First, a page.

Monday, September 10, 2007
by: Matt Stoller
Mon Sep 10, 2007 at 10:09:33 AM EDT
Relatively speaking, there's not a lot of press coverage of Republican Presidential candidates, though there is tremendous parsing of misquotes of Obama's wife's statements about which bed she sleeps in, Oprah's questionably relevant endorsement, or the Clinton campaign's tangential relationship to one donor out of thousands.
But it really is a good question as to why the Beltway establishment isn't pointing out that John McCain regularly says things that are, simply put, crazy.
Today, leading Democratic presidential candidates vote against funding for our troops engaged in war in Afghanistan and Iraq," McCain said in a speech to the California Republican Party convention. "Today, leading Democratic presidential candidates question whether there is a war on terror, offer to enter into unconditional negotiations with our worst enemies, and talk about countering the forces of radicalism by advocating surrender to them in Iraq.
First of all, McCain's accusation, that Democrats want to 'surrender' to the forces of radicalism, is remarkable for its sheer extremist bent. The only possible meaning is that a policy change in which the US forces no longer occupy Iraq indefinitely is somehow treasonous. The vast majority of the US public disagrees with this assessment, which is increasingly part of a fringe corner of a lunatic right-wing world. The Beltway world isn't bothering to incorporate this stunning assertion, repeated endlessly by various right-wing bloggers, into their narrative. John McCain, far from a fringe candidate who rhetorically associates with some of the most extreme elements of American culture and seeks an indefinite occupation of a foreign country, is a mainstream Presidential candidate, perhaps a reformer, a maverick, a straight-shooter, but always an honorable guy.
I don't know why this is, but I was having a rather depressing conversation yesterday with a few Hill staffers, and we talked about our mutual frustration with Democrats who believe in 'adults' like McCain, Mike McConnell, Colin Powell, and the latest showhorse, David Petraeus. They just need to trust someone, anyone, in the administration, to give them facts, even if there is no one trustworthy in the entire operation. I think this is generational, and is bound up in our entire think tank and media culture. Let's go back to the penultimate 'liberal hawk', to Tom Friedman, who wrote the following in November, 2002.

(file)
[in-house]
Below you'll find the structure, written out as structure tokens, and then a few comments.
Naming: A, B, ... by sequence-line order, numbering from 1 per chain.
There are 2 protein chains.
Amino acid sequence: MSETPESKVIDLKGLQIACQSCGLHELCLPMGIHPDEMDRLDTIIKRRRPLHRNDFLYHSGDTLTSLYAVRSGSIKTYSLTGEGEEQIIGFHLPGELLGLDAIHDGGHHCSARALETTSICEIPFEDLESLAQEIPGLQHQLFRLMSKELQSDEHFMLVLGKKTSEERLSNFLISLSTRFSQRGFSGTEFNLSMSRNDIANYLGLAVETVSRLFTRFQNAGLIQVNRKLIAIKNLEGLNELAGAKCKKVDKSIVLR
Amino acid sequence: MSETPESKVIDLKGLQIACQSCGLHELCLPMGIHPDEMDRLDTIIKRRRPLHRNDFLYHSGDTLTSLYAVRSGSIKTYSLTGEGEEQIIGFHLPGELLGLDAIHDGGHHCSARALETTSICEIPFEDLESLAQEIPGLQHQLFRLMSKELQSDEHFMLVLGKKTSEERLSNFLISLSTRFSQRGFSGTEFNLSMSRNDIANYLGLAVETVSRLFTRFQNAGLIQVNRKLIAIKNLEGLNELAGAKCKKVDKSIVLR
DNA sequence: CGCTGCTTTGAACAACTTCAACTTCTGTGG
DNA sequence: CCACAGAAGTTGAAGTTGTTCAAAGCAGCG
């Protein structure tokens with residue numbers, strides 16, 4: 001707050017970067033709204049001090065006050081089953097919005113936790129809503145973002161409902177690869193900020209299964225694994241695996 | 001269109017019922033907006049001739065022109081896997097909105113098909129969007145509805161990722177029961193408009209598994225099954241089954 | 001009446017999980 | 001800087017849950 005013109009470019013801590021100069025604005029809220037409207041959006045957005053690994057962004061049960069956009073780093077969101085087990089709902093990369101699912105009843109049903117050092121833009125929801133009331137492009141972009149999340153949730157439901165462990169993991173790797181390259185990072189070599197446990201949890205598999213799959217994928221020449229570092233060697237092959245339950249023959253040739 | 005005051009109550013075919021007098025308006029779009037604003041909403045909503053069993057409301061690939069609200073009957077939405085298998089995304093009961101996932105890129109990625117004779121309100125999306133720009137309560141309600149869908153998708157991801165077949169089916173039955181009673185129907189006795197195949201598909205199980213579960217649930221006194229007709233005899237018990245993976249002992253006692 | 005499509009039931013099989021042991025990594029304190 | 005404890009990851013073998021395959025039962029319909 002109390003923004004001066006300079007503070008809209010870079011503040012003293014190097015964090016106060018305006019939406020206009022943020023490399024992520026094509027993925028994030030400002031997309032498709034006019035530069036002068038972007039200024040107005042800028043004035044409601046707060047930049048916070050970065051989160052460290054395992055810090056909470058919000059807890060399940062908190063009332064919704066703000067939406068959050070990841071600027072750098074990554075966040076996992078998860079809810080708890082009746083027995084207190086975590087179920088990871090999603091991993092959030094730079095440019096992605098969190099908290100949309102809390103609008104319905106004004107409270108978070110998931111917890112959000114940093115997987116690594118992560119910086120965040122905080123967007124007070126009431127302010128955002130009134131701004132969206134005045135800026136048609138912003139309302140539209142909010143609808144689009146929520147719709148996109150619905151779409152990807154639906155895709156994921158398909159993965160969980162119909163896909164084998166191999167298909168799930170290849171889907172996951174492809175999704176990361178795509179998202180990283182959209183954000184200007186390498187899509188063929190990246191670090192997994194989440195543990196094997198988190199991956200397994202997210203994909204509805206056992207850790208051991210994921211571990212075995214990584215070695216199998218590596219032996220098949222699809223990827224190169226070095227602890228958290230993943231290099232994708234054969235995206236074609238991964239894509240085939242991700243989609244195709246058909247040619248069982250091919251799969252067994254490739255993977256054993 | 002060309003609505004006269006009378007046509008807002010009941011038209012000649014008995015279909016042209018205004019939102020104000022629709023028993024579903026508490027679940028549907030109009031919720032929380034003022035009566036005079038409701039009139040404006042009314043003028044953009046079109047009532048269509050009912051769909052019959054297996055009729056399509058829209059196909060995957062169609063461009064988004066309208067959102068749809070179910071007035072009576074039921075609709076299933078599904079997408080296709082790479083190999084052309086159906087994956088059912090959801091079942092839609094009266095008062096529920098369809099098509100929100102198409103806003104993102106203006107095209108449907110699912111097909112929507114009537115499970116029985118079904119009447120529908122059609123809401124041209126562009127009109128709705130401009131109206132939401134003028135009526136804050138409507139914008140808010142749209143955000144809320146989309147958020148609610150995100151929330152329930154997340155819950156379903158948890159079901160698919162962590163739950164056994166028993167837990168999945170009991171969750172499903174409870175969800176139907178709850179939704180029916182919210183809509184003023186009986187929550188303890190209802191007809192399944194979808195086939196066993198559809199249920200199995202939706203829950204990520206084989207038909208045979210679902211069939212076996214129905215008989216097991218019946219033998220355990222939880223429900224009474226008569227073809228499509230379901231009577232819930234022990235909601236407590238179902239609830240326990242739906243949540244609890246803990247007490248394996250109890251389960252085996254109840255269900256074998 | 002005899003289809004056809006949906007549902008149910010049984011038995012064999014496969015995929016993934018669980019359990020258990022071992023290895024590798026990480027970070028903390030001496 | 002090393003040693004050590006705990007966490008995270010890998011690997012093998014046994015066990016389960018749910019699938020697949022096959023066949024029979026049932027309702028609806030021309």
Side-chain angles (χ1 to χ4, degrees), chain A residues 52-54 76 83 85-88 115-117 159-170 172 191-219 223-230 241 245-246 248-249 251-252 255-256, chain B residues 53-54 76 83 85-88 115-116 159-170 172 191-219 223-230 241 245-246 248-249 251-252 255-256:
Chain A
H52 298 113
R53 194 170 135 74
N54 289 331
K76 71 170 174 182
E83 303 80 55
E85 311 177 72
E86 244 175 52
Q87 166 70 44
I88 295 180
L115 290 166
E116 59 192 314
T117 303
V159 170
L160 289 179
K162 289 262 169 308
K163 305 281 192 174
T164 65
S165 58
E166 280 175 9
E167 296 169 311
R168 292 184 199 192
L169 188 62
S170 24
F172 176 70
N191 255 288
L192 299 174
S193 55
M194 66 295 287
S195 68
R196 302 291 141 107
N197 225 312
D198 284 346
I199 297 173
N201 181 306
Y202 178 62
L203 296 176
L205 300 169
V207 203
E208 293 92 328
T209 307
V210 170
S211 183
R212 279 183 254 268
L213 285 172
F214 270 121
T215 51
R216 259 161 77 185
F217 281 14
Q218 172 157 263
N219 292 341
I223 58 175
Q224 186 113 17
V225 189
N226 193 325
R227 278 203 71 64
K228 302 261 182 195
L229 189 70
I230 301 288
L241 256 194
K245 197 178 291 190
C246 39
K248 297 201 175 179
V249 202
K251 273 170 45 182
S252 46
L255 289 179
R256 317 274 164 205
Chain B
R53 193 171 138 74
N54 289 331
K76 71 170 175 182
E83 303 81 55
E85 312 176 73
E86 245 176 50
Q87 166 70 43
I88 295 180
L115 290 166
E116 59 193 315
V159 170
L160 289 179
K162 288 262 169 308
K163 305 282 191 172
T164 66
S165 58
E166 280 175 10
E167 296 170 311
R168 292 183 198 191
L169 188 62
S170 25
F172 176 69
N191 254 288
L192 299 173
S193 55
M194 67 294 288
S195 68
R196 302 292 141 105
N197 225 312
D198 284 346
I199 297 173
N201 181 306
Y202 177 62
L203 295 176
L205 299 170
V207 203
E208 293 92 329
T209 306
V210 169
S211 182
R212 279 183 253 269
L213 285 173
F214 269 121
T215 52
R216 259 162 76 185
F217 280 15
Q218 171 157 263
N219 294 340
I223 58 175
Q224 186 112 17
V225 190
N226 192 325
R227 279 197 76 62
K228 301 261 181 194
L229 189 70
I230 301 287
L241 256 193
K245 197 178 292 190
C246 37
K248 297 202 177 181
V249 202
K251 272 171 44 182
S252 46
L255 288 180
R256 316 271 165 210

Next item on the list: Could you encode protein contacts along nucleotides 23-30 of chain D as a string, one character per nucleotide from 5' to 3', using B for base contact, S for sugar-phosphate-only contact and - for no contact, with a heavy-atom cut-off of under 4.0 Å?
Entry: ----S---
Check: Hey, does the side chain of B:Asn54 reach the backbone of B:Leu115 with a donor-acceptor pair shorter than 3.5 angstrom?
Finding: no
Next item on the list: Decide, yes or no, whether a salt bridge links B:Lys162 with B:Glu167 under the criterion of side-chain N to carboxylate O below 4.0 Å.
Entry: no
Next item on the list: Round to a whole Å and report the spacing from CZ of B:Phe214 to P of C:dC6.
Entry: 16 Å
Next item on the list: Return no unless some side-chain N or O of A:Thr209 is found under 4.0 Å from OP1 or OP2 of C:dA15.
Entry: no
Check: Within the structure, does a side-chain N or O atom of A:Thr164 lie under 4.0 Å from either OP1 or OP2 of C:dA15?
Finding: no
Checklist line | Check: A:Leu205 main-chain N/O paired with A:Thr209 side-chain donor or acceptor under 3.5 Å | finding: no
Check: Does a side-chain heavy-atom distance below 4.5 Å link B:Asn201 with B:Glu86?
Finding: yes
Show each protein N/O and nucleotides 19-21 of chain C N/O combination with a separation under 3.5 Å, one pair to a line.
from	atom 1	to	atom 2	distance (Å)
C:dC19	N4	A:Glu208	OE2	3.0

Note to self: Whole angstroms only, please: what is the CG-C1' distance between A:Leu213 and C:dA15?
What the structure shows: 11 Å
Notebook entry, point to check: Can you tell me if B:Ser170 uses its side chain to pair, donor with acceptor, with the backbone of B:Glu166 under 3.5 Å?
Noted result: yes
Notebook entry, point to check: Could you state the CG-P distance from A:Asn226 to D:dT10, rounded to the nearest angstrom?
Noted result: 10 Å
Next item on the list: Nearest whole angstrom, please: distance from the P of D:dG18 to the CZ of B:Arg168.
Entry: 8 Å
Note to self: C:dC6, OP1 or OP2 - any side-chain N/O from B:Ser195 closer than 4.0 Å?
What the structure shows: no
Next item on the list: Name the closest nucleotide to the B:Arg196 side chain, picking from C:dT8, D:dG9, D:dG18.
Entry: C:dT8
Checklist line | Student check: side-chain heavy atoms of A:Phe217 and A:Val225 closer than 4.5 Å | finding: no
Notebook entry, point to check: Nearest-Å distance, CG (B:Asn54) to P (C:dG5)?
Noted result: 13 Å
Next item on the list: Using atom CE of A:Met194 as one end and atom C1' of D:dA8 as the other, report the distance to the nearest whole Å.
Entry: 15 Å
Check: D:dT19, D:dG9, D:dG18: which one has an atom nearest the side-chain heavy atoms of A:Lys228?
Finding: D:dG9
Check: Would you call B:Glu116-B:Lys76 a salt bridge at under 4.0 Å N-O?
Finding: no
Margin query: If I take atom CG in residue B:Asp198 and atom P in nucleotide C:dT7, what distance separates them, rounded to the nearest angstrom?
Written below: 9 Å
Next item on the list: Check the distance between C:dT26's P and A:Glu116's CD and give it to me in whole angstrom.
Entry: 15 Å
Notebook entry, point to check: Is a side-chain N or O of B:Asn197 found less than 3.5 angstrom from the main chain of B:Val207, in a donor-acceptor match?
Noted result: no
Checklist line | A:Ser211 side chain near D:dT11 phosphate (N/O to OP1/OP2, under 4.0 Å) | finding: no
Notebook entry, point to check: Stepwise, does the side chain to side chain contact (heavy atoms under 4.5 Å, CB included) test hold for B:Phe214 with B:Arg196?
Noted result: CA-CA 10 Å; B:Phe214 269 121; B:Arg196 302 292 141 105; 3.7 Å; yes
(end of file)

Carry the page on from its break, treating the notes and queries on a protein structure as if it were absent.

With the Dems out of business, the real opposition party on foreign policy will now be the ''De Facto Democrats'': Colin Powell, John McCain and the British prime minister, Tony Blair. They are the only voices that, if raised in opposition to any Bush foreign policy initiative, could restrain the president and sway the public. That is not true of any Democrat today.
What the last election showed us is what a deep trauma of vulnerability 9/11 etched on the American psyche. ''While the Democrats failed to articulate a broad range of policy differences with President Bush,'' said David Makovsky of the Washington Institute, ''their key failure was their inability to persuade Americans -- in their guts -- that they were prepared to deal with the world as it really is now.'' That is a world full of terrorists and rogue regimes dedicated to our destruction and not responsive to therapy or social work.
...The reason the De Facto Democrats are so important, and have a future, is that people trust that they see the world as it is -- but also aspire to make it a better place. That is where the soul of America is.
This misjudgment is unbelievably profound. John McCain was a 'de facto' Democrat, though now he's practically accusing leading Democrats of treason, and that's not even speaking to the error of considering Colin Powell or Tony Blair meaningful opposition figures to Bush. Tony Blair.
Anyway, this desperation that baby boomer establishment figures have to believe in someone, anyone, leads them to fall in love with the latest assuring Republican Daddy figure, like that ole' maverick John McCain in 2002. And then when these people unmask themselves as extremist right-wing fringe elements of society, the establishment simply cannot cope, and so ignores their turn.
Fortunately, the public has learned to ignore the establishment.